According to the Administration on Aging, 70 percent of older Americans do not have dental insurance. So a report this week in the Wall Street Journal, “Getting a Grip on Dental Expenses,” caught our attention. The article focuses on dental services for children and older adults. We mined it for details on services for seniorsand did some more poking around, and here’s what we found:
- A new online resource for seniors The nonprofit Oral Health America recently launched a website, Toothwisdom.org, that aims to be a one-stop shop for older people looking for dental information geared to seniors (check out “Age Related Mouth Changes“) as well as links to lower-cost services. The site offers state-by-state lower-cost and free resources; click on the map to pull up a list of what’s available in your state, including donated dental services for low-income seniors and reduced-cost clinics. Click here to visit Toothwisdom.org
- A good option in big cities There are 65 accredited dental school school clinics in the US and they all offer lower-cost care. Students perform the work, but since they are directly supervised by college faculty, the care can be better than at a cut-rate dentist’s office. Click here for a list of accredited colleges on ADEA.org, the American Dental Association’s website
- Dental discount plans These have come of age and now are a good alternative if you know you need work done. In exchange for an annual fee – between $100 and $150 in the NYC area; less in others – you get discounted treatment at dental offices that accept the plans. Each plan has its own dentist network. The number of plans available from insurers like Aetna and Cigna, as well as from dental-only outfits can be overwhelming – 27 just in NYC – but the online clearing house DentalPlans.com makes it very easy to search by zip and narrow your search by dentist. Click here to visit DentalPlans.com.
- Coming soon… Currently only in California, you can sign up for a free version of a plan like the ones at Dental Plans.com; you get discounted services without paying an annual fee when you schedule your dental appointment online at Brighter.com. According to the WSJ, Brighter.com will expand nationally in 2014, which should make it a no brainer alternative if your preferred dentist signs up as a provider. Click here to visit Brighter.com.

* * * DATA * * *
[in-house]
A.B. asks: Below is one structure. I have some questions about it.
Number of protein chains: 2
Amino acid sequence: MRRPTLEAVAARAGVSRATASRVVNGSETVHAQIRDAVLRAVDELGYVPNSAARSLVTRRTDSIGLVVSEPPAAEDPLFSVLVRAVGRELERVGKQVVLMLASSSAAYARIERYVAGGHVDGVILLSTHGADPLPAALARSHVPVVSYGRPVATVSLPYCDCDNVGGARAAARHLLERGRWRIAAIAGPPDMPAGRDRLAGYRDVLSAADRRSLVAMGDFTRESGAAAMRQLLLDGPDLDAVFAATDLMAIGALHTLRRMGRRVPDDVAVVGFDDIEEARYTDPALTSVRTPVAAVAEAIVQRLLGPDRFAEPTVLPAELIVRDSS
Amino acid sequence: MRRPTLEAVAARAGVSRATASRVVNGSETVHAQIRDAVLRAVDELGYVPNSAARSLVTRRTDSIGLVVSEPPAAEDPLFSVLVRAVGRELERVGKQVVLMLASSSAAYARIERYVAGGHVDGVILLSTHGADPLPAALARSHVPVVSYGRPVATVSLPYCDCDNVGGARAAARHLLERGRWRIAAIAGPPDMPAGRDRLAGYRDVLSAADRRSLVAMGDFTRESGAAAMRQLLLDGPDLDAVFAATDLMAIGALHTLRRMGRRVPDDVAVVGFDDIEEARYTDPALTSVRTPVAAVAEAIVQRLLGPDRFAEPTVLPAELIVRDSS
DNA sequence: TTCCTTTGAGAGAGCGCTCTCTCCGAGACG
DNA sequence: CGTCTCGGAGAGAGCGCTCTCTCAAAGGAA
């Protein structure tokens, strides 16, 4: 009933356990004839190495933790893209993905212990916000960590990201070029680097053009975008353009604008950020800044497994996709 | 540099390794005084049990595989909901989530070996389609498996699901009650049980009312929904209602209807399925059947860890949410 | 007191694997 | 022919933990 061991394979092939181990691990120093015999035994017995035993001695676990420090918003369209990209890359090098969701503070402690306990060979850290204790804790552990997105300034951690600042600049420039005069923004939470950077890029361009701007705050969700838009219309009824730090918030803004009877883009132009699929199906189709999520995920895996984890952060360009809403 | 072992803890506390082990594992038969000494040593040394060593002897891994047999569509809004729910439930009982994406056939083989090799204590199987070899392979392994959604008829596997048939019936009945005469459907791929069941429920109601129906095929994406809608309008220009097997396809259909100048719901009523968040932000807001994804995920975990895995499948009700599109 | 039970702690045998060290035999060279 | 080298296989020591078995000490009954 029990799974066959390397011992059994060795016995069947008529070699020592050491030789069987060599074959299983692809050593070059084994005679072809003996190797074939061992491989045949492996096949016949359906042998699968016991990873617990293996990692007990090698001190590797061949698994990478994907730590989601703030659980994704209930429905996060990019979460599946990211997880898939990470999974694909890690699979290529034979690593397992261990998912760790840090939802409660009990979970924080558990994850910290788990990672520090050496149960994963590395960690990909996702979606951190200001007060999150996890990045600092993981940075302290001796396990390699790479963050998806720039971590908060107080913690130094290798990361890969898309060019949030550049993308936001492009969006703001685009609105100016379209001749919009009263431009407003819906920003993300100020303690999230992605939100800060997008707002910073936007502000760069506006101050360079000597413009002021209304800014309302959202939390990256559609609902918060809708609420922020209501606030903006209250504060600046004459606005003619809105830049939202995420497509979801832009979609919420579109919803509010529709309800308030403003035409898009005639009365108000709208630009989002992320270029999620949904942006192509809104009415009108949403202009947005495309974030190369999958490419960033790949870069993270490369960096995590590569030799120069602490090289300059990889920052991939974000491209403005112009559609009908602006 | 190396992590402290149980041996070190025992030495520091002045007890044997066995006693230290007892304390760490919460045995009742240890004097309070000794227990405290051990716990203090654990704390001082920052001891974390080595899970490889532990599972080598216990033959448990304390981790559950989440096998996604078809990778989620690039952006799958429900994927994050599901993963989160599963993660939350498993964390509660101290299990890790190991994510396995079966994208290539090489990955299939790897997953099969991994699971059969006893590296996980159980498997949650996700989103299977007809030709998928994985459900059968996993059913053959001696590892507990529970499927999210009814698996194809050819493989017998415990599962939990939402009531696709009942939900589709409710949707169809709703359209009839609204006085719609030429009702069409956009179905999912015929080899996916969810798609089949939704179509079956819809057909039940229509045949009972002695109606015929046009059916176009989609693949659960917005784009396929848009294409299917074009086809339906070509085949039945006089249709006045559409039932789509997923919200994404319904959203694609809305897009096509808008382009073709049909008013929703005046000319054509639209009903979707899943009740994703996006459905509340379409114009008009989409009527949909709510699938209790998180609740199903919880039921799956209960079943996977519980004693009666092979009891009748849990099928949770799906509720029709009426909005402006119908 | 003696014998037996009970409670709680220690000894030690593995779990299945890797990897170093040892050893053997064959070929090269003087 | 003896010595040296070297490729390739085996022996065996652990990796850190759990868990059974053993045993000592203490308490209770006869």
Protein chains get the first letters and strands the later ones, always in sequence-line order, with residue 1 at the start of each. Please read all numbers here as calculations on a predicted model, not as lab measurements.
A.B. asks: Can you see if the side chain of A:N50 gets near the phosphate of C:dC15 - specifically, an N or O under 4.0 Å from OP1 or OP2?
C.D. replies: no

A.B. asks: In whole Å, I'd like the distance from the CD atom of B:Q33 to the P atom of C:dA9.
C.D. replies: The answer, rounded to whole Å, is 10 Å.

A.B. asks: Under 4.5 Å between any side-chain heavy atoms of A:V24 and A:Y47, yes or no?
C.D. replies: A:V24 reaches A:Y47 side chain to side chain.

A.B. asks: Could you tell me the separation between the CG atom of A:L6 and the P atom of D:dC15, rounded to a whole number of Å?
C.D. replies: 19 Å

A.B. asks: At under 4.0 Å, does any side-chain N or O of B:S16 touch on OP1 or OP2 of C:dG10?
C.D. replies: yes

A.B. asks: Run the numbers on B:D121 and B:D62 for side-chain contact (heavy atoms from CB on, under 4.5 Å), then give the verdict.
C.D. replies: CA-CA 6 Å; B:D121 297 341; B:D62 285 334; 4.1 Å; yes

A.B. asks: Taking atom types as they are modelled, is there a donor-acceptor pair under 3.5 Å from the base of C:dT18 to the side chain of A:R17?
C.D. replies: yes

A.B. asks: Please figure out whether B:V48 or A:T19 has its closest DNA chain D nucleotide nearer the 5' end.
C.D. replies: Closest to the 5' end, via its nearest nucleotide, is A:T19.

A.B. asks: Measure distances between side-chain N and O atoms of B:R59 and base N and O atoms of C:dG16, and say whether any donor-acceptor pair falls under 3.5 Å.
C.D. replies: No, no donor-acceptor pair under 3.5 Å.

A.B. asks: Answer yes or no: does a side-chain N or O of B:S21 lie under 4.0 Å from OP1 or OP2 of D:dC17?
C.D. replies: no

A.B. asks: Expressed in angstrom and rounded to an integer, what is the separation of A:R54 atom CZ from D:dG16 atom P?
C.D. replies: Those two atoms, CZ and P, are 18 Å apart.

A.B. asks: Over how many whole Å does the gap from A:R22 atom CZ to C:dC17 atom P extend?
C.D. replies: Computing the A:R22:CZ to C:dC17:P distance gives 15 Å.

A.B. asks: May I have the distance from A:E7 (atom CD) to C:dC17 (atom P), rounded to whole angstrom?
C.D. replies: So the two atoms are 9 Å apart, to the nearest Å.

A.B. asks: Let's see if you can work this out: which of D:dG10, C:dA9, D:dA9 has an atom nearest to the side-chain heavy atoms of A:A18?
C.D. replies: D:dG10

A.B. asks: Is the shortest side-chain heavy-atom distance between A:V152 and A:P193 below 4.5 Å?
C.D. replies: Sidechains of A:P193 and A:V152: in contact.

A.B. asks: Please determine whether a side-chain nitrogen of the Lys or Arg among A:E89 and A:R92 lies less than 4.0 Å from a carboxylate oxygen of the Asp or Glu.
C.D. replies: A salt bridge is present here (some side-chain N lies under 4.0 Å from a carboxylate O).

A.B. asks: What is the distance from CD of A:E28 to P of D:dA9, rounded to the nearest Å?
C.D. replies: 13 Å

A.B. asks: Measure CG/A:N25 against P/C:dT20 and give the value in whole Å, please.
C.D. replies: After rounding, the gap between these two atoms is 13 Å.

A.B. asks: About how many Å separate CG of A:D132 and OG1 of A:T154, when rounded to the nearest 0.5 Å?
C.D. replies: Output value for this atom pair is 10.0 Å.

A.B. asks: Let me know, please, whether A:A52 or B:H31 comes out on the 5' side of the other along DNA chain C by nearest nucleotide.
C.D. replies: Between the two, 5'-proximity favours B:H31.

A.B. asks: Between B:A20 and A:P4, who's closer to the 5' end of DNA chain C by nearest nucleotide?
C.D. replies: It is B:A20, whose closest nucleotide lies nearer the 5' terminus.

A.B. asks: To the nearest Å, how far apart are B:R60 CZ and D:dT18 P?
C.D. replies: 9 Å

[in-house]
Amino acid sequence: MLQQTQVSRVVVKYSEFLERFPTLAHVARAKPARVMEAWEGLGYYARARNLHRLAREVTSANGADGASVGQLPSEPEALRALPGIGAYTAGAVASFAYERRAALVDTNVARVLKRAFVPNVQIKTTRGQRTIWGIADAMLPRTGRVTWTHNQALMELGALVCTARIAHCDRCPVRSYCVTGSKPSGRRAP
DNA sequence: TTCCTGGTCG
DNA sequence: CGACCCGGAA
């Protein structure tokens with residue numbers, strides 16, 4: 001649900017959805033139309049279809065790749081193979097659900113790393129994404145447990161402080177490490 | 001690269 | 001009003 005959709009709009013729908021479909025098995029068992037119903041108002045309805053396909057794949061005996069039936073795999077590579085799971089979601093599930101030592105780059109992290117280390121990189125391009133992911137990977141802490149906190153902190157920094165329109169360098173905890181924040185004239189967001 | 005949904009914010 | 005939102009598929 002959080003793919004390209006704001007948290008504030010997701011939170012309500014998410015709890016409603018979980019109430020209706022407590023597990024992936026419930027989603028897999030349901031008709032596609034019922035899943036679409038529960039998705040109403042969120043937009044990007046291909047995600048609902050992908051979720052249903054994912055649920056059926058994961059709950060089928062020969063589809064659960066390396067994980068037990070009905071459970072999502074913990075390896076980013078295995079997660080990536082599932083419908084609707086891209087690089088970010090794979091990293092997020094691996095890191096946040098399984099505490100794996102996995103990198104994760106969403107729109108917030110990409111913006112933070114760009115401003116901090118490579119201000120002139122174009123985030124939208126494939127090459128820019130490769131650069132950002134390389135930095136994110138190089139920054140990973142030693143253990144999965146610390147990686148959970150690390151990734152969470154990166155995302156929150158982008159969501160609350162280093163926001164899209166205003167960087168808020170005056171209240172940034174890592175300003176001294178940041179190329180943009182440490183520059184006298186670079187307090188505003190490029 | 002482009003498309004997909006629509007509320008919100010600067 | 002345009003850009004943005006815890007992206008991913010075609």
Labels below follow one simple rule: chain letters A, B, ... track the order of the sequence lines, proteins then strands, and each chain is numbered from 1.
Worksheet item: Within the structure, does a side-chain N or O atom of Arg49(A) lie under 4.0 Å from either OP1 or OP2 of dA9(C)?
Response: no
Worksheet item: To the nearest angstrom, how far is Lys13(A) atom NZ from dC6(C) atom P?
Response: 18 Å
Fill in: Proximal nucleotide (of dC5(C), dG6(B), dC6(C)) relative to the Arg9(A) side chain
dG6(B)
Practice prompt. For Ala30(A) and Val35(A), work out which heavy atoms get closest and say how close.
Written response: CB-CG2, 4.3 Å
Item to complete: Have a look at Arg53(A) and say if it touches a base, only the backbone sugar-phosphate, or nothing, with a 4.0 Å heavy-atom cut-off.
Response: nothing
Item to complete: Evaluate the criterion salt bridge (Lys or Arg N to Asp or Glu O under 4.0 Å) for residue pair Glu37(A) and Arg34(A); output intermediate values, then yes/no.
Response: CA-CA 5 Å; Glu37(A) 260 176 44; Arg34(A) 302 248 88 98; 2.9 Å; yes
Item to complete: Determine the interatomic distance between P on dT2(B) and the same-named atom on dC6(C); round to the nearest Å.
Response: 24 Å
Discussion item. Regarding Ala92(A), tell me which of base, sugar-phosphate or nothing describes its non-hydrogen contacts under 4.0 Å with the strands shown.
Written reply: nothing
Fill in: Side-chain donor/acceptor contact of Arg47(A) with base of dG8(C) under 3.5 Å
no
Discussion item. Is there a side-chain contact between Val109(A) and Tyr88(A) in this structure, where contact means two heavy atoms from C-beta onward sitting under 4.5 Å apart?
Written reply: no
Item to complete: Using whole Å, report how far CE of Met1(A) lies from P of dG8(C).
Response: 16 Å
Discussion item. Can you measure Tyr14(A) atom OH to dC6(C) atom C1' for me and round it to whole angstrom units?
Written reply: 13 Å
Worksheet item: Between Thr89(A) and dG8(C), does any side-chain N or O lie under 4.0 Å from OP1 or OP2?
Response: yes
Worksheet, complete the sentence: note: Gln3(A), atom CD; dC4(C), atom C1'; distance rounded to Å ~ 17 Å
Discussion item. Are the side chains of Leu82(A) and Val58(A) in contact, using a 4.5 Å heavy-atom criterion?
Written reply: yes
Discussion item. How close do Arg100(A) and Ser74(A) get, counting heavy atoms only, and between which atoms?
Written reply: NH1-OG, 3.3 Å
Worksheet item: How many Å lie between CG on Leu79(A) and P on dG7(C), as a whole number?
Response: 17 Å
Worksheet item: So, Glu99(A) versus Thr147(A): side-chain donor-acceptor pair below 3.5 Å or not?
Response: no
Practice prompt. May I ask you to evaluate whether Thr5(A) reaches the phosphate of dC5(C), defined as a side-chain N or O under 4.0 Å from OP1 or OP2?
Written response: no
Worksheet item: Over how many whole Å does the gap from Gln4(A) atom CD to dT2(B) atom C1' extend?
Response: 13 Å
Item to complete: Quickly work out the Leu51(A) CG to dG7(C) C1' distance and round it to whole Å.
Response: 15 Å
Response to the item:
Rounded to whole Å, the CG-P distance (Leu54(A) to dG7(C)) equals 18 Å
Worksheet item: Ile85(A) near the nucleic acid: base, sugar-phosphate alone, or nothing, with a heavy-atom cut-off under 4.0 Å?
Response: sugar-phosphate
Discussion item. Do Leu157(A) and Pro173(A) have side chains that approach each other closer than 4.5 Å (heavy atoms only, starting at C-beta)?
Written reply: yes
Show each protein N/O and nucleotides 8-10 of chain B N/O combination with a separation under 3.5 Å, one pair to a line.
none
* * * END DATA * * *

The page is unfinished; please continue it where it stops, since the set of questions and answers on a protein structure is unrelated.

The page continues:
Have you tried any of these options? Share your experience in the comments below.
very interesting and informative
Looking for dental care in Portland/Beaverton, Oregon area for senior citizen on Medicare. Medicare doesn’t cover dental.
There are two university dental school clinics in New York City: NYU and Columbia. I have used each of them several times. I recommend Columbia without reservation. What is most striking there, to me, is the atmosphere — a happy workplace with enthusiastic workers. I have had only simple procedures done in each place, so I can’t speak to the overall quality of care.
Would like info on senior dental and exercise plans in or near Lynnwood Wa.
My teeth are literally rotting in my mouth. I had several bridges put in about nine years ago,but now they are coming out.
I think you are right if you take good care of your teeth you will probably end up with your own teeth and not with a plate , I know because I have a partial plate also if you take care of them it should help with bad breath
need all info on low cost dental in N.W. Arkansas…thanks
A great article and very informative.
Keep up the good work. Love it.
Dental insurance for seniors is a problem
This is a very interesting article of importance to a lot of Seniors that don’t have Dental Insurance and are experiencing dental problems. Thanks for addressing this issue!
This a very informative article. I learned about several options for dental care that I will have to check into further. Seniors relying on Social Security to live on often cannot afford dental care, so, this may offer some other solutions.